World Wetlands Day is celebrated every year in early February to raise awareness about the value of wetlands for humanity and the planet. Each year, a theme is selected to focus attention on a vital function of wetlands. The theme for 2016, under the banner “Wetlands for our Future,” is Sustainable Livelihoods, and was selected to demonstrate the vital role of wetlands for the current and future wellbeing of humanity, and to promote the wise use of all varieties of wetlands.
Volunteers making a difference by helping to restore our wetlands.
We invite you to help restore wetland habitat by planting native plants and removing exotic invasive plants as part of our monthly community work day on January 23rd. We will work from 9 a.m. to noon, and we always make time for birding or a short hike around the wetlands. We supply the gloves, tools, and a snack. Meet at our Fitz Wetlands Educational Resource Center (map/directions). If you have questions, please contact Mary Paul at firstname.lastname@example.org or 831-566-4938.
Happy New Year!
Docents Linda Youmans and Becky Stewart preparing for water quality testing
Have you resolved to be more involved? The Watsonville Wetlands Watch is a wonderful place to meet like-minded people, develop new interests, and do something positive to improve our world. We want you to join us! Learn about native plants, habitat restoration, flora and fauna, culture and history, environmental science, and so much more. Our newsletter announces free opportunities to take wetlands walks, hear fascinating speakers, and pitch in wherever your interests lead you. Please read it and share it with your friends, and invite them to join you in getting involved in the Wetlands Watch. Volunteer, donate, explore, make friends, make a difference! Your Wetlands Watch journey starts here.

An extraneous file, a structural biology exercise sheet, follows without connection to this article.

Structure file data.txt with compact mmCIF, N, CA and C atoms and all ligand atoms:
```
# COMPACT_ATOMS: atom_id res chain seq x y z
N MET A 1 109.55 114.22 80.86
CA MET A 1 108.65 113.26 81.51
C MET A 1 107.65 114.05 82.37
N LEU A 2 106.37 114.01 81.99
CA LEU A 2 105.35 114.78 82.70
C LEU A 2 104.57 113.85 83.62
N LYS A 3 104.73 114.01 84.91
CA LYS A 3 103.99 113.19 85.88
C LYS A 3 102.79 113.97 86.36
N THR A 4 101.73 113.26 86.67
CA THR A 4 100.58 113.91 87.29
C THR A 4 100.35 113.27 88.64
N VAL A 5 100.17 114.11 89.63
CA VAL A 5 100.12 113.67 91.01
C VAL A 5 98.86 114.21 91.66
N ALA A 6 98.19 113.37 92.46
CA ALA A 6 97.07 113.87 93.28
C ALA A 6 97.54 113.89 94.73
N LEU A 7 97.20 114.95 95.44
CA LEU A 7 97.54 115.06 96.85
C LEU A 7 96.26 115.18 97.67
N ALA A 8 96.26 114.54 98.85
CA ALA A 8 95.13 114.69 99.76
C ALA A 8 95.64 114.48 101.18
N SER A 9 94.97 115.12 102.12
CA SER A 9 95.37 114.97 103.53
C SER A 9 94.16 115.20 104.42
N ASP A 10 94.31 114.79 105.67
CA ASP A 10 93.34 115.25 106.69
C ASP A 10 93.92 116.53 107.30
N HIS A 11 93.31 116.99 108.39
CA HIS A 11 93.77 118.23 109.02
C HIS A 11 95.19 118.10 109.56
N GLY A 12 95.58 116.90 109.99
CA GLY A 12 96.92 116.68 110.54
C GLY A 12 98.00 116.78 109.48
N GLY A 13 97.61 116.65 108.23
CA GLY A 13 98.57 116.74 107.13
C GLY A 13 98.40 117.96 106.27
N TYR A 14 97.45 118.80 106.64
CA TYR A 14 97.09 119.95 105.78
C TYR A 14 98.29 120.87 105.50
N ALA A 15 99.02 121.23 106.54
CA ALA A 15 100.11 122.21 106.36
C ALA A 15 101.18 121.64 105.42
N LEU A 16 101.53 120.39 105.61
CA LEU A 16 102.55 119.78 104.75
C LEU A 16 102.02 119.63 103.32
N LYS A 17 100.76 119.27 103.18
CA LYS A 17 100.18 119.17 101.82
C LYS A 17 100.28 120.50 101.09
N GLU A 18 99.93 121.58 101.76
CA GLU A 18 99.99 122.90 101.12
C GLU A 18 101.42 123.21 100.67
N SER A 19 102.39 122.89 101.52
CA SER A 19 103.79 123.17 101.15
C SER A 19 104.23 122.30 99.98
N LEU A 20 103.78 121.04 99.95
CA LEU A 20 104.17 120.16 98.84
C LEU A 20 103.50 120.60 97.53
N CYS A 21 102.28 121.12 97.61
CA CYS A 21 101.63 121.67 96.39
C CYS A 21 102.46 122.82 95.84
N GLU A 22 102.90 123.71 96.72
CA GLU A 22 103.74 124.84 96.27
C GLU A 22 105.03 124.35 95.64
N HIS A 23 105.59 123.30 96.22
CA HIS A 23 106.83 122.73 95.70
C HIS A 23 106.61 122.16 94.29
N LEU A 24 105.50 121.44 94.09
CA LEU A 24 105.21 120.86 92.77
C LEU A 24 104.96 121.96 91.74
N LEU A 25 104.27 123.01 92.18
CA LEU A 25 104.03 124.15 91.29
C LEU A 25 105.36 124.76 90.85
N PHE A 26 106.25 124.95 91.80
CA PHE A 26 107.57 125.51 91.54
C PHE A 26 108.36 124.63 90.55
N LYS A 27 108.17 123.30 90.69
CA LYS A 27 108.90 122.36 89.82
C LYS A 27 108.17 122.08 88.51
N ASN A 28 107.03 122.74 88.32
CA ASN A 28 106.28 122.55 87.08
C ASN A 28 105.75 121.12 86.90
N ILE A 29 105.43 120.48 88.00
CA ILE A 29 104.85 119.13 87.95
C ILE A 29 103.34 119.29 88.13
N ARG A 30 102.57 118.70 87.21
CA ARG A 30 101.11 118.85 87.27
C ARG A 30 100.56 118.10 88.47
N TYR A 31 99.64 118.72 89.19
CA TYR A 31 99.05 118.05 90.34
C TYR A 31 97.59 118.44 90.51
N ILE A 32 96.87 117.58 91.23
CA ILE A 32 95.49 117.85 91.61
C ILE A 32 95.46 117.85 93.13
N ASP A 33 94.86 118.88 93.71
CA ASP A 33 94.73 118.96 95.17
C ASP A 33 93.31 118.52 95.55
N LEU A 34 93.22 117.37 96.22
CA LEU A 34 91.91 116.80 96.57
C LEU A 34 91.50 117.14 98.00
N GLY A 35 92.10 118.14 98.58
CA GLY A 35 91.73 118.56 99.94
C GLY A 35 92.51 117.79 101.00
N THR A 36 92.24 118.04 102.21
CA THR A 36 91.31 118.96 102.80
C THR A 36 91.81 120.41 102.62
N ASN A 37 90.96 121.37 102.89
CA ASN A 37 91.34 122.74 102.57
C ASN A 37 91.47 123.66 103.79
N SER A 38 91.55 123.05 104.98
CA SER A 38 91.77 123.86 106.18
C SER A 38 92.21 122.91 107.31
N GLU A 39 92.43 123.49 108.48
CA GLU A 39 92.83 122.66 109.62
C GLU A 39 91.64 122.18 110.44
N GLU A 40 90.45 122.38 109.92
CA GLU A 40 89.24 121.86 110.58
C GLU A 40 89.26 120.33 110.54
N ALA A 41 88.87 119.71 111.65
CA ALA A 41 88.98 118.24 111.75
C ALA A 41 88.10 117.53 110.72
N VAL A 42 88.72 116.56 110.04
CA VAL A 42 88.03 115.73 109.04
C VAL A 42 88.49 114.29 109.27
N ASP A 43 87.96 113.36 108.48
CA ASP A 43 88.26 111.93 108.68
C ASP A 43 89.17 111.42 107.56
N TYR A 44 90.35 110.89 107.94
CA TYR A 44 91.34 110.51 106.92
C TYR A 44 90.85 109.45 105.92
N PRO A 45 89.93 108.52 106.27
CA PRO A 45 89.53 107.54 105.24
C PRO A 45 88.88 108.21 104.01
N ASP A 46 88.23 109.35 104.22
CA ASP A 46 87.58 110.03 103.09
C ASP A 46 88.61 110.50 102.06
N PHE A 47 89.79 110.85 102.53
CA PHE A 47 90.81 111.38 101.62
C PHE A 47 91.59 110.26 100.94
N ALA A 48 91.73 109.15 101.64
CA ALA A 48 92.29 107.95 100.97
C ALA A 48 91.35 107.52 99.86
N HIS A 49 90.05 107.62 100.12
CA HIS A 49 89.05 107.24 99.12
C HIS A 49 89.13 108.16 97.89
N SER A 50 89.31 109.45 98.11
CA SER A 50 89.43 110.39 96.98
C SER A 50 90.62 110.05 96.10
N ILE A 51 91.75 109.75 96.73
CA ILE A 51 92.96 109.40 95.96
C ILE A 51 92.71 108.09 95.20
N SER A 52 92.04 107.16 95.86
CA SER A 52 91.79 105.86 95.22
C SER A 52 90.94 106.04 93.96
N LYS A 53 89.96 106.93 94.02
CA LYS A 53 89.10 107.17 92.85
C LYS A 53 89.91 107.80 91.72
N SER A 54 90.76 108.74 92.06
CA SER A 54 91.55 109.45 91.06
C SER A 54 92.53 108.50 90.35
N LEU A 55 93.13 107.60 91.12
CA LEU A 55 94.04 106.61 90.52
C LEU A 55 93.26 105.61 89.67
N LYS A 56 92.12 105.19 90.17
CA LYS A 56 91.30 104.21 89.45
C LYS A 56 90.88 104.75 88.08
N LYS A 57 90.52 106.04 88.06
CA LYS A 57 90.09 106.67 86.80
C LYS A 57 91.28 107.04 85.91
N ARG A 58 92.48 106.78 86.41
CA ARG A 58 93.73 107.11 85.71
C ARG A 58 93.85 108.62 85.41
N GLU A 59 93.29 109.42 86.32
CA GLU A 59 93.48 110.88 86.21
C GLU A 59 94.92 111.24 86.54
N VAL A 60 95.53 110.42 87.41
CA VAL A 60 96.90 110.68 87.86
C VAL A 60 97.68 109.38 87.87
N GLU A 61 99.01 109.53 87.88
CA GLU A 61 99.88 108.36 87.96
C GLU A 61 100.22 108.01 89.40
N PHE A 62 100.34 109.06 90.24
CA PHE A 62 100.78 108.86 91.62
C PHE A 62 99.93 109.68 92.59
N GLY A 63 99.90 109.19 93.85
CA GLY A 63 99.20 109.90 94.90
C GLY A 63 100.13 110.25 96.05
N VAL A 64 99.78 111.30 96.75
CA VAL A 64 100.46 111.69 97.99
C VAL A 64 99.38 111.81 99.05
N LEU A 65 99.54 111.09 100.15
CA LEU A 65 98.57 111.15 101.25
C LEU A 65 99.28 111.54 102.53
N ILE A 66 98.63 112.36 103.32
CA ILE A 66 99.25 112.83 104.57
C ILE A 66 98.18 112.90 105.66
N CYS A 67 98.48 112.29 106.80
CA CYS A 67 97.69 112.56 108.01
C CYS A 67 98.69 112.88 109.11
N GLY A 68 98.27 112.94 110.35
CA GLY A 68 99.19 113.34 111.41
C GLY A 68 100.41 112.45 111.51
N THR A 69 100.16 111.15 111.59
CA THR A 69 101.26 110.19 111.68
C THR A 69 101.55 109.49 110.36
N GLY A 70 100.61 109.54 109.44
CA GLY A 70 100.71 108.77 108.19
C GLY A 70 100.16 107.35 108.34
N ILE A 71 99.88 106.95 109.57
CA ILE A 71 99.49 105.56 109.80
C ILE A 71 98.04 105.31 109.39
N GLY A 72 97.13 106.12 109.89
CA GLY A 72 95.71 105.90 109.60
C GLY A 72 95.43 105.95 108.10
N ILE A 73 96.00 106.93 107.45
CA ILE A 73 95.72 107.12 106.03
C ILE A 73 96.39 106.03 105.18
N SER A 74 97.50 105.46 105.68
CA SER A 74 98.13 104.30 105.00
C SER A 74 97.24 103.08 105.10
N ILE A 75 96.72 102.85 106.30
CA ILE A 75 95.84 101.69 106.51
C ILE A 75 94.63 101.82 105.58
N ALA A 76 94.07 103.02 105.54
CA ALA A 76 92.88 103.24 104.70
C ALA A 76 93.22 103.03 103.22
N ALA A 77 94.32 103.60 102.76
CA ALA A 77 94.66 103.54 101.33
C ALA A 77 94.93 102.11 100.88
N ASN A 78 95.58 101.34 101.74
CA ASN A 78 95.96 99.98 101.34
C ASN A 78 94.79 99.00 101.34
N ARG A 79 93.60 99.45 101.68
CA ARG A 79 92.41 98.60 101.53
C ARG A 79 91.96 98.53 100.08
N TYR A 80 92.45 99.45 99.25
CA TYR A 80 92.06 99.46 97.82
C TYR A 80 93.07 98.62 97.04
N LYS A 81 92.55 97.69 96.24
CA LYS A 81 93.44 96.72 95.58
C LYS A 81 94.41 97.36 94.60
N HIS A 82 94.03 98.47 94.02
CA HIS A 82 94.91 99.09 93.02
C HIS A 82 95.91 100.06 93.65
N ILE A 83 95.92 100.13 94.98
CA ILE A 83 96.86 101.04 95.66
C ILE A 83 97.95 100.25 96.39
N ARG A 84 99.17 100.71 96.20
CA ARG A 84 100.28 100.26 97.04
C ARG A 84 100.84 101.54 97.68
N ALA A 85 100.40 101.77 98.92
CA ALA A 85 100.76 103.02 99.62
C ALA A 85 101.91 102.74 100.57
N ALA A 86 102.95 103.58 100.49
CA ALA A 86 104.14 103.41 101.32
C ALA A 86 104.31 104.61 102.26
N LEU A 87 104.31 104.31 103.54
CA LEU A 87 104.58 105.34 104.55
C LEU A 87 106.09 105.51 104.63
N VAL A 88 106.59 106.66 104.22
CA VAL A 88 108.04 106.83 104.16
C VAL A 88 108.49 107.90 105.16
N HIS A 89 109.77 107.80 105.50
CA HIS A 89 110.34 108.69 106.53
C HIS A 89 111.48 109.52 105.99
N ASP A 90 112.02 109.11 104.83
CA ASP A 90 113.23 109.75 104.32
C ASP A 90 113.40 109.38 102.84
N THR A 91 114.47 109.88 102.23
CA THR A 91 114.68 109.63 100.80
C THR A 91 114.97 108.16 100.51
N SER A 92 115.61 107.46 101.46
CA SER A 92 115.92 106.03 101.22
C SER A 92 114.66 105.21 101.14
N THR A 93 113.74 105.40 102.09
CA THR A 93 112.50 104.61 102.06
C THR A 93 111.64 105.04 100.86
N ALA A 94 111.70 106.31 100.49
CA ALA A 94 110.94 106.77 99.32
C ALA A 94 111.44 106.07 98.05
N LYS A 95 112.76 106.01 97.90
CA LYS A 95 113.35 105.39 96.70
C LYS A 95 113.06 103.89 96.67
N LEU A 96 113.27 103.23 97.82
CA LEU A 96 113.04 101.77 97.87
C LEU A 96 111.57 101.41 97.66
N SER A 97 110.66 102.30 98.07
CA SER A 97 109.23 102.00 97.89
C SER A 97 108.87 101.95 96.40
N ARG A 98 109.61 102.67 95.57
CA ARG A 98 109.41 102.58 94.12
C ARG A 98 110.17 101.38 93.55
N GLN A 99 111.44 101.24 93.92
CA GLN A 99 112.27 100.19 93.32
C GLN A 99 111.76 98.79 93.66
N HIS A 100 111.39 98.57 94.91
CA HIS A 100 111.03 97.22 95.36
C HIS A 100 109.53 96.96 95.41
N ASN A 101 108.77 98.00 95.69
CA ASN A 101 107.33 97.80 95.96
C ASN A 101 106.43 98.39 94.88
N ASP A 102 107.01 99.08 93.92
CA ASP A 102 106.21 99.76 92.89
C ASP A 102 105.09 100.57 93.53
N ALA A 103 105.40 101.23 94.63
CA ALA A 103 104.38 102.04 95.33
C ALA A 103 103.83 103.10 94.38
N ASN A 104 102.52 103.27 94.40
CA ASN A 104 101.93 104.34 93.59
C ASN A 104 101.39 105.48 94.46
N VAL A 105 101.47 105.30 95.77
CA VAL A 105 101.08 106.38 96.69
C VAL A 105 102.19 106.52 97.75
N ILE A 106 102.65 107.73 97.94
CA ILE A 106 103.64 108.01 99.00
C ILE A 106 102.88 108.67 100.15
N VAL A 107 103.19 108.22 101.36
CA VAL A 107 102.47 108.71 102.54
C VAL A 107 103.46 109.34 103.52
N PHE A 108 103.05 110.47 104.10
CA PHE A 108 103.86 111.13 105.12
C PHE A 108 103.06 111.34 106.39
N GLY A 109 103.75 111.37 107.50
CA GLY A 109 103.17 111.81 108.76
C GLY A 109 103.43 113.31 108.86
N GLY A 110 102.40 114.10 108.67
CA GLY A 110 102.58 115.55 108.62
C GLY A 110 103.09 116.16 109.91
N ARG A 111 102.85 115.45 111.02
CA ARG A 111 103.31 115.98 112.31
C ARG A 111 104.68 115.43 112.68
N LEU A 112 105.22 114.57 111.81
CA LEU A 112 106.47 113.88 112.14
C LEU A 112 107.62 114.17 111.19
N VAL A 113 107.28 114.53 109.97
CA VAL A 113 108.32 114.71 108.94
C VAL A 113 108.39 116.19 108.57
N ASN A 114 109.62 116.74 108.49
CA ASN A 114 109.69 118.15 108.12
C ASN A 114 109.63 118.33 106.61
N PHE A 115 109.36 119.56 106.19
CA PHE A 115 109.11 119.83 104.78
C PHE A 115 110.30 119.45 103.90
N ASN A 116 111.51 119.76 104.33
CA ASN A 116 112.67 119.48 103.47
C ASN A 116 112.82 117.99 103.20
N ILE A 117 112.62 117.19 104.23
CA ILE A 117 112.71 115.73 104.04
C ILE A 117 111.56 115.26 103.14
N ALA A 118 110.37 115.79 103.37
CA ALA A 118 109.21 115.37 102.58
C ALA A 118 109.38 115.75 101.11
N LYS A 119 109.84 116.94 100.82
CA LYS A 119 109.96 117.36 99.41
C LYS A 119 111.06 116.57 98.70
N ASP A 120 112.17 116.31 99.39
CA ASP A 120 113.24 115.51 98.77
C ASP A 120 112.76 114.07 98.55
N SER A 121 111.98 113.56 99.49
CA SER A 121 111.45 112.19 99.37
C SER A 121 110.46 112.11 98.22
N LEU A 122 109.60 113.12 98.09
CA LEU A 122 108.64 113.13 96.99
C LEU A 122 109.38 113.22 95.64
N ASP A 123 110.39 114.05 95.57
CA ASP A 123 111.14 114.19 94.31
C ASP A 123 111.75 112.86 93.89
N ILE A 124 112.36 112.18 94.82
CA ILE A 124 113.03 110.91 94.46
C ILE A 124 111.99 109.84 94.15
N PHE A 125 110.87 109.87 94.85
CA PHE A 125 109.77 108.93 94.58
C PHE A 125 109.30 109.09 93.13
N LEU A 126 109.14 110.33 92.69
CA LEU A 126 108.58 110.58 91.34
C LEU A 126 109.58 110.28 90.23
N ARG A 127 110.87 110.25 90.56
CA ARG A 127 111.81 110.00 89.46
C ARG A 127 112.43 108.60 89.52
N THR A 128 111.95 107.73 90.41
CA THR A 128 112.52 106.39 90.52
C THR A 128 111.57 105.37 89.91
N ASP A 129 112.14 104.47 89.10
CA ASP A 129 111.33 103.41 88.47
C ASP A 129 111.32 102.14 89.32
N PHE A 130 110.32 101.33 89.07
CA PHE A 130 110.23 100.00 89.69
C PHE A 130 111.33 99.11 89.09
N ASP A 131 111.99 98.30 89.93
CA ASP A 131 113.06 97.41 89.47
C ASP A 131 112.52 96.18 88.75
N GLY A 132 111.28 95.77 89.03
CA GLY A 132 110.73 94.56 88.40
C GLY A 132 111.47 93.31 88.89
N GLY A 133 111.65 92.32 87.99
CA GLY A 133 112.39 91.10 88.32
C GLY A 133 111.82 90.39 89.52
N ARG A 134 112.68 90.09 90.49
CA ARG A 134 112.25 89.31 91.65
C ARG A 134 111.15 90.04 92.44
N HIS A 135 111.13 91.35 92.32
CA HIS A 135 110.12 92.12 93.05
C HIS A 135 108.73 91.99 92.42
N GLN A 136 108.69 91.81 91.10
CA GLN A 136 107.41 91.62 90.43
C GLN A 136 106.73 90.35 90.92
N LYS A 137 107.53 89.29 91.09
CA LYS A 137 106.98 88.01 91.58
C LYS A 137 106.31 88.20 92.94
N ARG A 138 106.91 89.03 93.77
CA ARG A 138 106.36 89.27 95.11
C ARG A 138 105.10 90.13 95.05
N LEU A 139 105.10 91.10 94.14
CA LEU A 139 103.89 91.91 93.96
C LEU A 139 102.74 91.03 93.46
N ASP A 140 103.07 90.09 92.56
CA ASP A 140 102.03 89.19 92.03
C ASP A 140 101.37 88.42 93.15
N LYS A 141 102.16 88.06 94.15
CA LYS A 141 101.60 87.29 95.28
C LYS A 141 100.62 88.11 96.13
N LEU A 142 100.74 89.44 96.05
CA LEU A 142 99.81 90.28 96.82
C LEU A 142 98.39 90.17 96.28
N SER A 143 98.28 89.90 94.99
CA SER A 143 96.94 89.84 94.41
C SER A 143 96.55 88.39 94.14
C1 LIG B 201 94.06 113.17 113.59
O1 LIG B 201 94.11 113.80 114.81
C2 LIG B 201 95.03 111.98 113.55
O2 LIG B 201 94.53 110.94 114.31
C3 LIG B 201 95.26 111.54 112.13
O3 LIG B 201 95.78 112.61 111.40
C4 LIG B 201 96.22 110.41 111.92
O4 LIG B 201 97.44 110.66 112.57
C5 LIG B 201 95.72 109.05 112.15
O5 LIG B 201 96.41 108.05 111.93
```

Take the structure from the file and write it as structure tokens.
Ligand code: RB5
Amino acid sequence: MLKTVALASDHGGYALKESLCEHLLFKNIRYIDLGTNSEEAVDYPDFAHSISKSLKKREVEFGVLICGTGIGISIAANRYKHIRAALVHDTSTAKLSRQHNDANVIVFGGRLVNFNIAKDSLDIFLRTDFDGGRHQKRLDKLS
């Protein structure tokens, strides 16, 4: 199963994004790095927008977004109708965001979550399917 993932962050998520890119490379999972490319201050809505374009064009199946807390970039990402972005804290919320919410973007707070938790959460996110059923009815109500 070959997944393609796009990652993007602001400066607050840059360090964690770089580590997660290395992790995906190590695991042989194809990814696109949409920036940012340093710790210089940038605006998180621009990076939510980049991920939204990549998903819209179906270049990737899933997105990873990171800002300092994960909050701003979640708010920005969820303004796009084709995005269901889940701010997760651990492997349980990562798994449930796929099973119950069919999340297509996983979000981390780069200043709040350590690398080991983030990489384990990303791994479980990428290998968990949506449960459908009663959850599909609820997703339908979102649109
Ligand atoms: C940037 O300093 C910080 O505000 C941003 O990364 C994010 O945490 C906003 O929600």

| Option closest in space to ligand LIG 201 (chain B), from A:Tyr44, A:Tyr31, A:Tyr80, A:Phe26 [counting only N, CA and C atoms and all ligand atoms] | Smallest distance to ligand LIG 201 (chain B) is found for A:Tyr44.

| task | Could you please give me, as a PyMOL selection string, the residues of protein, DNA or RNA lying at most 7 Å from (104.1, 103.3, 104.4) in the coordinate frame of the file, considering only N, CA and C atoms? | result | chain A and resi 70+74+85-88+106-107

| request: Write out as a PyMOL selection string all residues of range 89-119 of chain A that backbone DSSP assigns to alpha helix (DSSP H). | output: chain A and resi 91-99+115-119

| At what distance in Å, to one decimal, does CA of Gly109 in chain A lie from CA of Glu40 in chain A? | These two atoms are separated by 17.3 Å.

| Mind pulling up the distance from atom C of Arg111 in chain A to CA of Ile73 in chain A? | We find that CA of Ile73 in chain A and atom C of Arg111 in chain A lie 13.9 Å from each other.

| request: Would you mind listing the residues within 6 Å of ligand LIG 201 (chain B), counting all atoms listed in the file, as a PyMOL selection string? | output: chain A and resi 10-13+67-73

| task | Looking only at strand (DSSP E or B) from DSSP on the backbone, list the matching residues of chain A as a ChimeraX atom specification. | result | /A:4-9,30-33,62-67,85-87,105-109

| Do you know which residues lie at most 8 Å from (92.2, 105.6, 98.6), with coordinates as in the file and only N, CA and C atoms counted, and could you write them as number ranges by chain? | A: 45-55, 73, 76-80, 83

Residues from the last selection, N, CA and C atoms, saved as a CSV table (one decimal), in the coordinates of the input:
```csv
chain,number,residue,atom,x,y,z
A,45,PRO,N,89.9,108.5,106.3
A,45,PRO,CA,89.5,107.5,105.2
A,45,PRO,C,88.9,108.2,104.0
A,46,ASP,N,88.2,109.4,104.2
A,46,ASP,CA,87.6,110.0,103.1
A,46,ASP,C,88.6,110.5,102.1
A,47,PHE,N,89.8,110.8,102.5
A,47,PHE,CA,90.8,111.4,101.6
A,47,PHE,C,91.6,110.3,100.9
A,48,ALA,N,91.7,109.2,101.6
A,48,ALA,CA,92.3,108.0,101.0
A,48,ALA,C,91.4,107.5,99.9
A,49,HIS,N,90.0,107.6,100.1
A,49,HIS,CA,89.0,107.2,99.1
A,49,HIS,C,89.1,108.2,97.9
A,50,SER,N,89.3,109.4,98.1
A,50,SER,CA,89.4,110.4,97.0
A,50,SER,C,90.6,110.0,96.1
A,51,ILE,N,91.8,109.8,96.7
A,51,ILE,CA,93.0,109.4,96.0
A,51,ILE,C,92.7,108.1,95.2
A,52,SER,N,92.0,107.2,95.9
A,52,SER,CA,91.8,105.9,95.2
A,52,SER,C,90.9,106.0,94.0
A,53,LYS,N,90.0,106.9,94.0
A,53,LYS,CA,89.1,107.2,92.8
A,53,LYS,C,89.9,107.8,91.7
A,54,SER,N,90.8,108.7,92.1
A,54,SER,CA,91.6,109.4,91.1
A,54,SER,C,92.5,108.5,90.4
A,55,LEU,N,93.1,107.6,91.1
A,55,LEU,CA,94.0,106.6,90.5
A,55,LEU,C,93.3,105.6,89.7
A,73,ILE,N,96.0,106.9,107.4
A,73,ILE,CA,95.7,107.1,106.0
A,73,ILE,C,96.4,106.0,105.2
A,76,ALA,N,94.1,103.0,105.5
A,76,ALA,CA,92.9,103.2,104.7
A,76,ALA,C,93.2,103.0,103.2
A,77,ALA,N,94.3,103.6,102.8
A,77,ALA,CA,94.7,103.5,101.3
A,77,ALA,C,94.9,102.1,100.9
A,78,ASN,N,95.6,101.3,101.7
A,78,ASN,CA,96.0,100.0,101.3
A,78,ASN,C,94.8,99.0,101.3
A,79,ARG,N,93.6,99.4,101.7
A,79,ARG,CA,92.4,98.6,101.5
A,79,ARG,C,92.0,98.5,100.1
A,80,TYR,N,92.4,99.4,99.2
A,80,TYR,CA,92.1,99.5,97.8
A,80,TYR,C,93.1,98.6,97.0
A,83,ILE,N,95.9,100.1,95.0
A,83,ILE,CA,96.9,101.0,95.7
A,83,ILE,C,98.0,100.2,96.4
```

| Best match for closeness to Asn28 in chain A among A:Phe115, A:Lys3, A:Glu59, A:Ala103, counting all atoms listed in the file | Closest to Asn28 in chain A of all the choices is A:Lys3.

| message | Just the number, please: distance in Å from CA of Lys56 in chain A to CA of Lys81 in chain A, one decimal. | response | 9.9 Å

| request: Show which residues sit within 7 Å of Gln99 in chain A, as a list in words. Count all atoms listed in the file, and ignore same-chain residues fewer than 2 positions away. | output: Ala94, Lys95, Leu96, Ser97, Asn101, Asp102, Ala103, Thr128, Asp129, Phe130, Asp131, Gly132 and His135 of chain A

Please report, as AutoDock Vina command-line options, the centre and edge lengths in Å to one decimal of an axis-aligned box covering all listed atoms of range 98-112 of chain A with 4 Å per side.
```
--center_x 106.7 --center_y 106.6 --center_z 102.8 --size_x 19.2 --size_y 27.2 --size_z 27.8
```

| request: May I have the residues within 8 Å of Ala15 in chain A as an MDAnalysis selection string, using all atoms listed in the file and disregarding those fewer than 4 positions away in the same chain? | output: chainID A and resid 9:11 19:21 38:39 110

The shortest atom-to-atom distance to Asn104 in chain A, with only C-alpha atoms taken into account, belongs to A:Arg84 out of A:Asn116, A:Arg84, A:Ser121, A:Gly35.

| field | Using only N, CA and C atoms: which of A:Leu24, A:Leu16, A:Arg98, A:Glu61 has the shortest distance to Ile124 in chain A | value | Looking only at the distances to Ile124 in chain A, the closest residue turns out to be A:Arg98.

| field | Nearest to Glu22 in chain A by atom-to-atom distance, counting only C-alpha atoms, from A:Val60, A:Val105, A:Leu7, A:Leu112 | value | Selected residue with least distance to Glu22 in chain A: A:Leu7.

Watsonville Wetlands Watch advocates for wetland issues, educates elementary, middle, and high school students, restores degraded habitats, preserves what remains whole, and teaches appreciation for the unique beauty and life of the Pajaro Valley wetlands. In cooperation with numerous other agencies, we support studies of and planning for these sites.